Why We Recommend It: Kiki’s emotional conflict about turning her passion into her career feels more relevant than ever with the rise of YouTube culture and the success it’s brought to many kids and teens, but that’s far from the only thing that makes this movie special. Resonant for children and adults, it spins a fantasy about striking out on one’s own into a world that’s fun and exciting and the scariest thing is a popular girl being a little bit mean. At the same time, though, it doesn’t shy away from the melancholy of homesickness.
Kiki’s lowest points look an awful lot like depression, and there are plenty of young viewers who can benefit from seeing her grapple with that as much as older ones. Even when dealing with heavy topics, though, the movie never strays far from its sense of wonder and the conviction that its heroine will save the day and be all right in the end.
Also, there’s a talking cat. And really, who doesn’t want their own talking cat?
Content Warnings: Mild peril; depictions of depression.
Suggested Age Range: 7 and up
Middle Grade Viewers
What’s It About? In the near future, everyday life is experienced through augmented reality glasses. Daikoku City is a particular center for it, with the entire town overlaid with a virtual reality infrastructure. Twelve-year-old Yuuko Okonogi, nicknamed Yasako, moves to the city and is swiftly drawn into the Hackers Club, a group of kids who turn the city into their own VR playground and battle zone. But there’s another new girl in town: Yuuko Amasawa, and she’s not here to play games.
Why We Recommend It: Imagine this: an adolescent cast that looks and acts like real 12-year-olds instead of fantasized moe versions of preteens. A multi-generational, gender-balanced cast where the girls are allowed to carry the plot rather than being shoved out of the spotlight to let the boys take center stage. A thoughtful show that has a multi-faceted and complex relationship with technology, rather than grumbling about “kids these days” or desperately trying to sell you the latest gadget.
Den-noh Coil offers all these things and so much more. Although the series was made before the smartphone era, it accurately predicts how omnipresent technology would affect how children experience the world. It’s funny, unique, and smartly written in a way that young audiences will be able to connect to that few anime are.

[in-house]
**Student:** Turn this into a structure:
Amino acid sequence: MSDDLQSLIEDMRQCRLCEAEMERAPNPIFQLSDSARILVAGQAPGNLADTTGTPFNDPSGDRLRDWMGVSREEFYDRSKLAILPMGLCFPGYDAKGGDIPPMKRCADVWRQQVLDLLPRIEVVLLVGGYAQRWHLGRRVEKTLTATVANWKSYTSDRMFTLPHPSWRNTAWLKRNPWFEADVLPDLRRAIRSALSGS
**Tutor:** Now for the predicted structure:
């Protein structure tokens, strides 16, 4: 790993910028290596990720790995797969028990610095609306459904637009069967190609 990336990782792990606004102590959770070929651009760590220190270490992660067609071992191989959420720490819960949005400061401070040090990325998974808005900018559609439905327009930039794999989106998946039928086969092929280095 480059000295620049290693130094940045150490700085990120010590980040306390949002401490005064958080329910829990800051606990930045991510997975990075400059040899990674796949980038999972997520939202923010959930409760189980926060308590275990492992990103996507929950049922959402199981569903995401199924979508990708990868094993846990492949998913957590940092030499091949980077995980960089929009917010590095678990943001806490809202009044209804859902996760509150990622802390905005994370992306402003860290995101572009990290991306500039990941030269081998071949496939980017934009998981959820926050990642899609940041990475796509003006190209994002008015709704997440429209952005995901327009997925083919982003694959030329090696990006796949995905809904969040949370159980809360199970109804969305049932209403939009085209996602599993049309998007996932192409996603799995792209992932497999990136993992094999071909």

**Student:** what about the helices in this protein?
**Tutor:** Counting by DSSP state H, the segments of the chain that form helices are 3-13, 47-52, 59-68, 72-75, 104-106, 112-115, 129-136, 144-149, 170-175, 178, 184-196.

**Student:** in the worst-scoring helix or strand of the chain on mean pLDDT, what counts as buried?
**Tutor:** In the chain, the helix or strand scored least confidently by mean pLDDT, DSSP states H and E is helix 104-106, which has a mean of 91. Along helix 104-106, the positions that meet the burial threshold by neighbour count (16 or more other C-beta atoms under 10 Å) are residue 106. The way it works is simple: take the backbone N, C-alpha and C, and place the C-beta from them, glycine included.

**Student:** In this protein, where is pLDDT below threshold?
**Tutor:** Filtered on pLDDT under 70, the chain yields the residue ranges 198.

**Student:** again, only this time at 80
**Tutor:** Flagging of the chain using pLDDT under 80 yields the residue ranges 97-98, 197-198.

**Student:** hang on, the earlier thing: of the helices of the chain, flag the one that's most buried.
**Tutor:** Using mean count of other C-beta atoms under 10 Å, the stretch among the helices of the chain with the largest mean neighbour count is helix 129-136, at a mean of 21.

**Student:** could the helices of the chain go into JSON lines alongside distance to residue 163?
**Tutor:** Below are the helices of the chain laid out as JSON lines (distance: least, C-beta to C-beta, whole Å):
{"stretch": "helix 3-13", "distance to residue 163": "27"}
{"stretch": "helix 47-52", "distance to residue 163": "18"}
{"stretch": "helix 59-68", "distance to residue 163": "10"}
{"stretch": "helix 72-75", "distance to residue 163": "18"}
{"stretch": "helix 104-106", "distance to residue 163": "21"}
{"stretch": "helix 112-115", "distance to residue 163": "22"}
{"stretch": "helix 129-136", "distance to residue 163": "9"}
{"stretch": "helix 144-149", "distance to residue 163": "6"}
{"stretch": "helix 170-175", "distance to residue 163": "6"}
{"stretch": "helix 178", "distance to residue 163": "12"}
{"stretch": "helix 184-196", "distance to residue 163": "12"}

Content Warnings: The characters have a “battle of the sexes” dynamic which, while realistic, isn’t exactly aspirational. It also has discussions of death, the afterlife, and urban legends that may upset more sensitive children.
Suggested Age Range: 11 and up, but it’s going to really depend on the kid. The accurate representation of early adolescence and children’s relationships with technology will likely draw in some kids, but the relatively slow pace will bore others.
Magic Knight Rayearth
What’s It About? Middle school students Hikaru, Umi, and Fuu were total strangers until they were summoned to the mysterious world of Cephiro, where possibility is determined not by the laws of physics but by the strengths of people’s hearts. The three are recruited to become the Magic Knights and awaken the Mashin to save Princess Emeraude, the Pillar of this world, from the clutches of High Priest Zagato.
Why We Recommend It: Rayearth came to English-speaking audiences on the heels of Sailor Moon, when manga and anime publishers were just waking up to the idea that shoujo might have an audience here. It was a sensible pick, too—CLAMP’s lush art brought to life a fantastic world of adventure for a varied and fun, largely female cast. With its slightly didactic episodes and speeches about the power of belief and friendship, it was a great pick for an older children’s series.
But what truly set it apart was the distinctly anime edge that American children’s media tended to shy away from. The first half of Rayearth, under all the bright colors and silly humor, was working up not to a victorious conclusion but “baby’s first tragedy.” The second half turned into an emotionally complex but still child-friendly study on survivor’s guilt, PTSD, and even colonialism.
This isn’t to say Rayearth is all-out depressing or nihilistic—far from it! But it’s a series interested in challenging audience expectations about traditional hero’s journeys, and with this comes nuanced characters, unexpected plot twists, and sometimes a melancholy undertone. It’s an SF epic for kids that doesn’t talk down to its audience, making it a great entry point for middle-grade viewers.
Content Warnings: Depictions of death, survivor’s guilt, and mental illness.
Suggested Age Range: 10 and up
MY love STORY!!
What’s It About? Hulking but kindhearted Gouda Takeo falls head-over-heels for Yamato Rinko (and she for him), but, convinced she only has eyes for his handsome best friend, he vows to help her find happiness with the guy she “really” likes.